Cleaning circuits

From: Hans Franke <>
Date: Mon Jul 27 08:45:25 1998

> A few questions about clean(ing) circuits:
> a)Can dust cause any damage to a PCB? Can it short anything?

Yes and No - no direct harm is done, but dust turns out
to be a good insulator, so the core temerature of the
chips rise if they are covered by dust - even a small
dust film can be difficult. Higher core temperature means
higer stress, more aging and sooner irreversible failure.

> b)What do you recommend for cleaning out PCBs if there's lot of it,
> or spiderwebs, mold whatever?

Yes cleaning is a must. I use several methods:

1. If the board is small enough to fit, I use an ultrasound
   cleaning device. This method is not usable if stickers
   or other non wter resistant markings ar on the board
   (and should be keeprd intact). ultrasound cleaning removes
   anything in less than a minute.
2. If the board is to big i use oridinary water (but destiled
   is prefered to avoide calcium (?) stains). Maybe with a
   little soap in front.
3. If there are some stickers to preserve, I use only short
   'splashes' of water, from a mouth washing device.

Alle three methods requiere intensive drying. So I first
use a soft (frotee) towel, and then wave the board to dry
of thebigger parts. If the board is very crowded (like a
IBM-PC or XT) I will use a centrifuge (spin dryer). The
board has to be fixed to get the right. Also a hair drywer
for blowing _cold_ air is usefull to drive out the water.
I never use warm air, since it is less efektive and leaves
more stains on the surface. But as I said, using destiled
water makes it less cruical when it comes to drying.

Also 'canned' compessed air as available in some shops can
be used to drivew out the water from deep corners.

You don't have to remoe all chips.

4) Now if I can't use water, I thake several soft towels
   (fabric) and rub off the dirt. A sponge with a liite
   soap water, and a second one with clear destilled water.
   Also a stick an linnen is usefull to remove dirt from
   the edges.

The ultrasound method can be used for a lot of parts.
Even sonme keyboards do well - Original PC-Keyboards
could be dumped without any preperation into the water
and cleaned in just a few seconds.


> c)Does distilled water cause rust?

Basicly almost no, but after touching thesurface it
isn't destilled water :) The main reason for rust
is high humidity always dry your precesious little
ones and store them not in an swamp like climate
(sorry if you live in FL or somewhere near the

> d)Can distilled water be used to clean circuits?

Yes - see above.

> e)As I understand, tap/spring/rain/etc. water is full of minerals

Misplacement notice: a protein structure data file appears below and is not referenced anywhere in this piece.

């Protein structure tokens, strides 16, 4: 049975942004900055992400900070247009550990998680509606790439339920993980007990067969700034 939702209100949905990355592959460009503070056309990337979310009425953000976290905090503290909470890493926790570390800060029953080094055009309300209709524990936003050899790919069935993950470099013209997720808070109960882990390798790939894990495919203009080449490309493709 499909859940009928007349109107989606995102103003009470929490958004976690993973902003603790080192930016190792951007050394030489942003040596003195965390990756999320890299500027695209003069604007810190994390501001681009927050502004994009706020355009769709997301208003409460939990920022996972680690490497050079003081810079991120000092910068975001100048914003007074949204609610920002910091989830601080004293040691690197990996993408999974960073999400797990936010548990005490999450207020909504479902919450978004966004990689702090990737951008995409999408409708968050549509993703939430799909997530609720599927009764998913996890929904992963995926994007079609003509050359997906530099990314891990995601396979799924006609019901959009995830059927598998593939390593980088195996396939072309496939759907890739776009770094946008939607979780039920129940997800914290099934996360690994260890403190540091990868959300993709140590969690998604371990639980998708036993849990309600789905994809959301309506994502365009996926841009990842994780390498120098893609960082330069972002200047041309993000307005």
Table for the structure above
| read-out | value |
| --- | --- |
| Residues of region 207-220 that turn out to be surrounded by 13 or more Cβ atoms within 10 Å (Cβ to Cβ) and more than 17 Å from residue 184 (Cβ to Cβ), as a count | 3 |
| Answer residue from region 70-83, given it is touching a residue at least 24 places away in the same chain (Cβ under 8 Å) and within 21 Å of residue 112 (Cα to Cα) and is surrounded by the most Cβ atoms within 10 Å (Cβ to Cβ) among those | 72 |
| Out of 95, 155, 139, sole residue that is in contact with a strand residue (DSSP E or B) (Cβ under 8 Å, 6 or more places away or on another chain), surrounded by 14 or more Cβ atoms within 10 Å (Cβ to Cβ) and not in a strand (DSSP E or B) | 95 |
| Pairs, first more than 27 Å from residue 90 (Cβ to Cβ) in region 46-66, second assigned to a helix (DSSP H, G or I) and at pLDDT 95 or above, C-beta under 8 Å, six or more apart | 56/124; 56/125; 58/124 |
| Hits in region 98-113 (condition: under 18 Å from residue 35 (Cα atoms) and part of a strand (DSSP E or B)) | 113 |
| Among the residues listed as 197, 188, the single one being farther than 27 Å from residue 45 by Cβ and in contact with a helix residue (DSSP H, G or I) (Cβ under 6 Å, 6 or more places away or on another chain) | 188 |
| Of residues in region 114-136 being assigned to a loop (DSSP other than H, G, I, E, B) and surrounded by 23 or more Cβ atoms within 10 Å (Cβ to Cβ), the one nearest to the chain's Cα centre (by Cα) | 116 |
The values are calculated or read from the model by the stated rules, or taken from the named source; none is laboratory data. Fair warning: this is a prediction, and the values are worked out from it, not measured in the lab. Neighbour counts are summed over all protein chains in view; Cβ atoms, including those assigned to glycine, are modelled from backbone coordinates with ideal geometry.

> and that's why it's conductive as well as rust-causing

Yes/no - If you dry them, they won't pick up rust.

> f)A while ago, I picked up a bunch of 5.25" diskettes, which I hardly
> allowed to dry before I put them into the plastic box. Now I
> looked inside, and mold is spreading from the Microsoft Assembler
> diskettes onto the Apple II ones. What is safe to use to clean
> the mold (it's reeely disgusting!)?

Thats the problem with Microsoft - They always want to
pollute the environment - and as we see not only the
Internet or Java, even simple helpless Apple Disks are
to be transformed in non standard monsters :)

Normaly I could suggest just to dump them since most of
the software is not very unique. But again here are
several levels of restauration:

1. If you only want to keep the software:

Rip of the cover, clean the disk with cold air and / or
alcohol (no nor brandy - use isopropyl alcohol) - take
a _clean_new_ linnen and pour alcohol on. now go soft (!)
ofer the disk to remove any parts - try to 'roll' the
fabric to change the surface and lift of the mold.
now place the disk into a new cover (always open only
one side). If the disk wasn't damages itself you now
should be able to read the content and duplicate it.
I used this Method several times in data recovering

2. I you just want to keep the cover (special print, or
just since it is an genuine early Microsoft :):

Take a sponge with warm destiled soap water and sponge
it down (Never look at the disk ... it's a shame :).
Drying and now storing a at a dry place to prevent the
mold to come up again - Mold doesn't like dry places to

3. You want keep both:

Combine one and two - so you have a funktional copy
and a displayable disk. Or just use method 1 and transfer
the label to the _new_ copy.

4. You realy want to keep this disk (worst case):

Forgett it - at least You have to do it like in 1) but
you'll have to open the original cover _very_ carfully
clean the disk, clean the cover AND replace all this
fabric fleece inside the disk for new fabric - thats
_very_ sifficult - and even if you mange this, the
disk well always look damaged. The possibility of
reinstaling mold is also the highest.

Some tips:

- Never use Mold covered Disks - or if you have to,
restrict the usage to on 'mold-only' drive.

- Don't use disks lying next to moled disks - the little
friend is already there.

- Store your disks always dry and with enough air
circulation.closed cases can be deadly to your

- Avoide high humidity

- Avoide low humidity, since the fleece will become

- Avoide heat - Some disks could start to loss their
data as soon as 60 degree (140F)

- Avoide cold - Never use disks below 10 degree (50F)
the stress results in higher aging (remember, flopy
disk drives are still cutting tools like a turning lathe)
Also the magnetic film will loose the tightening if the
temperature is to low (same as when to high (>80 degree 180F)

I already dumped several hundered Disks I recovered
previously from basements and garages because of


Ich denke, also bin ich, also gut
Received on Mon Jul 27 1998 - 08:45:25 BST

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